The commentator Dana Ferguson describes urban settings and cities in a fascinating way: she talks of cities being places of cooperation, interdependence and welcome. (See Feasting on the Word Year C, Vol. 2). Let’s go with that description, and think like that. What a positive, encouraging way to think of the Heavenly City, the New Jerusalem.
Yes, this bible passage provides a vision of the future, of where we’re going. These descriptive words tell how wonderful it will be. Not only a bright, shining city, but also a welcoming snapshot of what God has promised to us. And, just think. That’s where God is settling down. As Peterson translated, “Look! Look! God has moved into the neighborhood, making his home with men and women!”
Theologian Frederich Buechner gave a telling response: “What does it mean to be ‘with God’? To say that a person is ‘with it’ is slang for saying that whether he’s playing an electric guitar or just watching the clouds roll by, he’s so caught up in what he’s doing and so totally himself while he’s doing it that there’s none of him left over to be doing anything else . . . In other words, to live Eternal Life in the full and final sense is to be with God as Christ is with him, and with each other as Christ is with us.”  [italics mine]
Let’s enlarge that vision to include all of Earth. Have you ever thought of caring for the Earth as caring for God’s creation? We just celebrated Earth Day on Friday. Earth Day is a day of responsibility and caring for this wonderful world. And, it serves as a tangible reminder of God’s unconditional love, extended toward all humanity.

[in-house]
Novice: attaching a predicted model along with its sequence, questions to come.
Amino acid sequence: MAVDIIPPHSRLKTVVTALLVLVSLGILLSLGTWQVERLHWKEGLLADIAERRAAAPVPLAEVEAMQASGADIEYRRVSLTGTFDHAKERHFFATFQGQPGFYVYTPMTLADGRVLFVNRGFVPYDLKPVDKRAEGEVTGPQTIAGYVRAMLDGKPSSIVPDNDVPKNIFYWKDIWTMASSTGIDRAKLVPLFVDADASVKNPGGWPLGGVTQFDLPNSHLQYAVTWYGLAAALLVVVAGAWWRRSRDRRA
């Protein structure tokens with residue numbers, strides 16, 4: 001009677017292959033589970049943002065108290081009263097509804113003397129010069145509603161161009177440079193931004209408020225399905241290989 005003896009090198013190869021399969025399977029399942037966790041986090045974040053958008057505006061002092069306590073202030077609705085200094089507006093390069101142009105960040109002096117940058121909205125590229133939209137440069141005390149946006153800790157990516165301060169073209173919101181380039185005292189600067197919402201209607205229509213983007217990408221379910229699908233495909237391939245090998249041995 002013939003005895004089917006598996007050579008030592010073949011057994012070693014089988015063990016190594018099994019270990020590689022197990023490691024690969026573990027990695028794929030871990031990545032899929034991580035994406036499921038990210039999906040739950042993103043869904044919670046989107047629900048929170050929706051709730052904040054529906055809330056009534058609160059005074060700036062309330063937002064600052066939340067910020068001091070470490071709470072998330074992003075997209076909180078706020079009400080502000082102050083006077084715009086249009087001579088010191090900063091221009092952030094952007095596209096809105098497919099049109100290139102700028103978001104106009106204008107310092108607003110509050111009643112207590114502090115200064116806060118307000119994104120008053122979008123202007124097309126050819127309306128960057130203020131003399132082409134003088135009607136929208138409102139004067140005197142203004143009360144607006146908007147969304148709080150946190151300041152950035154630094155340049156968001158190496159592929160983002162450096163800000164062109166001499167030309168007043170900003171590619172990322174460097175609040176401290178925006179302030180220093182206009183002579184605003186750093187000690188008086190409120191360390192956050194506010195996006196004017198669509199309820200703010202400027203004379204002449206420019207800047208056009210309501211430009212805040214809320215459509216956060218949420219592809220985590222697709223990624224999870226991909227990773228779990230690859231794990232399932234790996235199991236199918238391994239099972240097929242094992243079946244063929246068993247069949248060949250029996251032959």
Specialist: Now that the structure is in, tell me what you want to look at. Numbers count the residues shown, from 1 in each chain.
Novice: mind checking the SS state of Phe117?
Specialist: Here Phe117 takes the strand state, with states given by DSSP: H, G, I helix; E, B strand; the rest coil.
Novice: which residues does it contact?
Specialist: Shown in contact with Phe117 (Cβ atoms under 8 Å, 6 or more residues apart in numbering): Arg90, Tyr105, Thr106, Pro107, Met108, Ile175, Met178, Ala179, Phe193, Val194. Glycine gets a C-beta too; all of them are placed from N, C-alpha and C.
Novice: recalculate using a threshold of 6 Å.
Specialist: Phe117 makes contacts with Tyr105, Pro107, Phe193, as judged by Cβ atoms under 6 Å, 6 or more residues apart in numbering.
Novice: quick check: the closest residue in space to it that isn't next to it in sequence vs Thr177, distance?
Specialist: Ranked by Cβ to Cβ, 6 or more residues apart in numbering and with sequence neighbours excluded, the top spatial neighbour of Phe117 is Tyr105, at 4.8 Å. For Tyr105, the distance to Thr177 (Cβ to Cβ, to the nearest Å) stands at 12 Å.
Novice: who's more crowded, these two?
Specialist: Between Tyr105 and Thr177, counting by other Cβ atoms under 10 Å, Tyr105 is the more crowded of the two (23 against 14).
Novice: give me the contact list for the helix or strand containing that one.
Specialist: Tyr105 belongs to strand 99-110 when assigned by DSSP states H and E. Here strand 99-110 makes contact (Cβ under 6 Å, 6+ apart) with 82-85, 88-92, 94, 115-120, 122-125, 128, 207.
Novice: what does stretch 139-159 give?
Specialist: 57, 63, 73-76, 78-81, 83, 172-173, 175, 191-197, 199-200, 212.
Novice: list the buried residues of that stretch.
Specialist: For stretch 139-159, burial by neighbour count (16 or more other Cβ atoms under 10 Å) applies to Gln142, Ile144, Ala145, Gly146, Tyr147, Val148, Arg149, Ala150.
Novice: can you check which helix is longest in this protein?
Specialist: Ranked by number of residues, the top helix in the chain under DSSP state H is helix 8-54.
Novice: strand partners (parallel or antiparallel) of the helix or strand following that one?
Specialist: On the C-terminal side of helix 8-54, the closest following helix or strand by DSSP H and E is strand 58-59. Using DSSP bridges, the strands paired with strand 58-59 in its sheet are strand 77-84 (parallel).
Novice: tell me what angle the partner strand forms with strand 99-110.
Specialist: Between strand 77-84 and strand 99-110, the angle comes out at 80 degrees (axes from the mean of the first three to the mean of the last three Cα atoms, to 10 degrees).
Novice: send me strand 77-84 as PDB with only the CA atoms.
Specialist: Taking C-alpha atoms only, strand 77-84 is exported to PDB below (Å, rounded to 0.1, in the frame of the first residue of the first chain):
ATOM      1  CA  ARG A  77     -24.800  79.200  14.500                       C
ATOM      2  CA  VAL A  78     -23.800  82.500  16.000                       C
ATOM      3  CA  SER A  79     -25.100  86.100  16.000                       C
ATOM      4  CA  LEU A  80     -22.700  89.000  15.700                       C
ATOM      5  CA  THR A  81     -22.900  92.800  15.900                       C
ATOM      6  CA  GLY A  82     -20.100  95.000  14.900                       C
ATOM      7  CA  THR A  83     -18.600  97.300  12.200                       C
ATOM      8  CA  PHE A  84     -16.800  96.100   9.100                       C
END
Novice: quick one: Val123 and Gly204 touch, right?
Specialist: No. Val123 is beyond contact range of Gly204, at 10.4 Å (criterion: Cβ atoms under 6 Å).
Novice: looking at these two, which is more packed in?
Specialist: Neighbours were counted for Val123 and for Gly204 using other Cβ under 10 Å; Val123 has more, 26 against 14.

We can celebrate God’s love, God’s presence with us, and the gift of God’s creation.
Sometimes, I hear language like, “Jesus lives in my heart.” Or, “My heart, Christ’s home.” Is it, really? How welcome is Jesus Christ in my heart? Am I generous and kind with my heart and my attitude, or does Jesus feel unwelcome when He knocks at the door of our hearts? Great question! An intriguing thing to think about. Sometimes, a serious thing to think about.
I know, I know. We aren’t there yet. The new heavens and the new earth are not here, yet. However—what are we going to do with these Bible words in this in-between time? How can these words from Scripture impact our lives, today?
We can take these words as hopeful, encouraging words: “Look! Look! God has moved into the neighborhood, making his home with men and women!” We can celebrate God’s presence right by our sides, today. Now, in the in-between time, and at the time of the new creation, too.
(Thanks to Kathryn M. Matthews and her online commentary, Sermon Seeds, http://www.ucc.org/worship_samuel_sermon_seeds_april_24_2016 Several of the ideas in this sermon were used in Kathryn’s article.)
 Wishful Thinking: A Theological ABC by Frederick Buechner, Harper & Row, 1973, 21-23.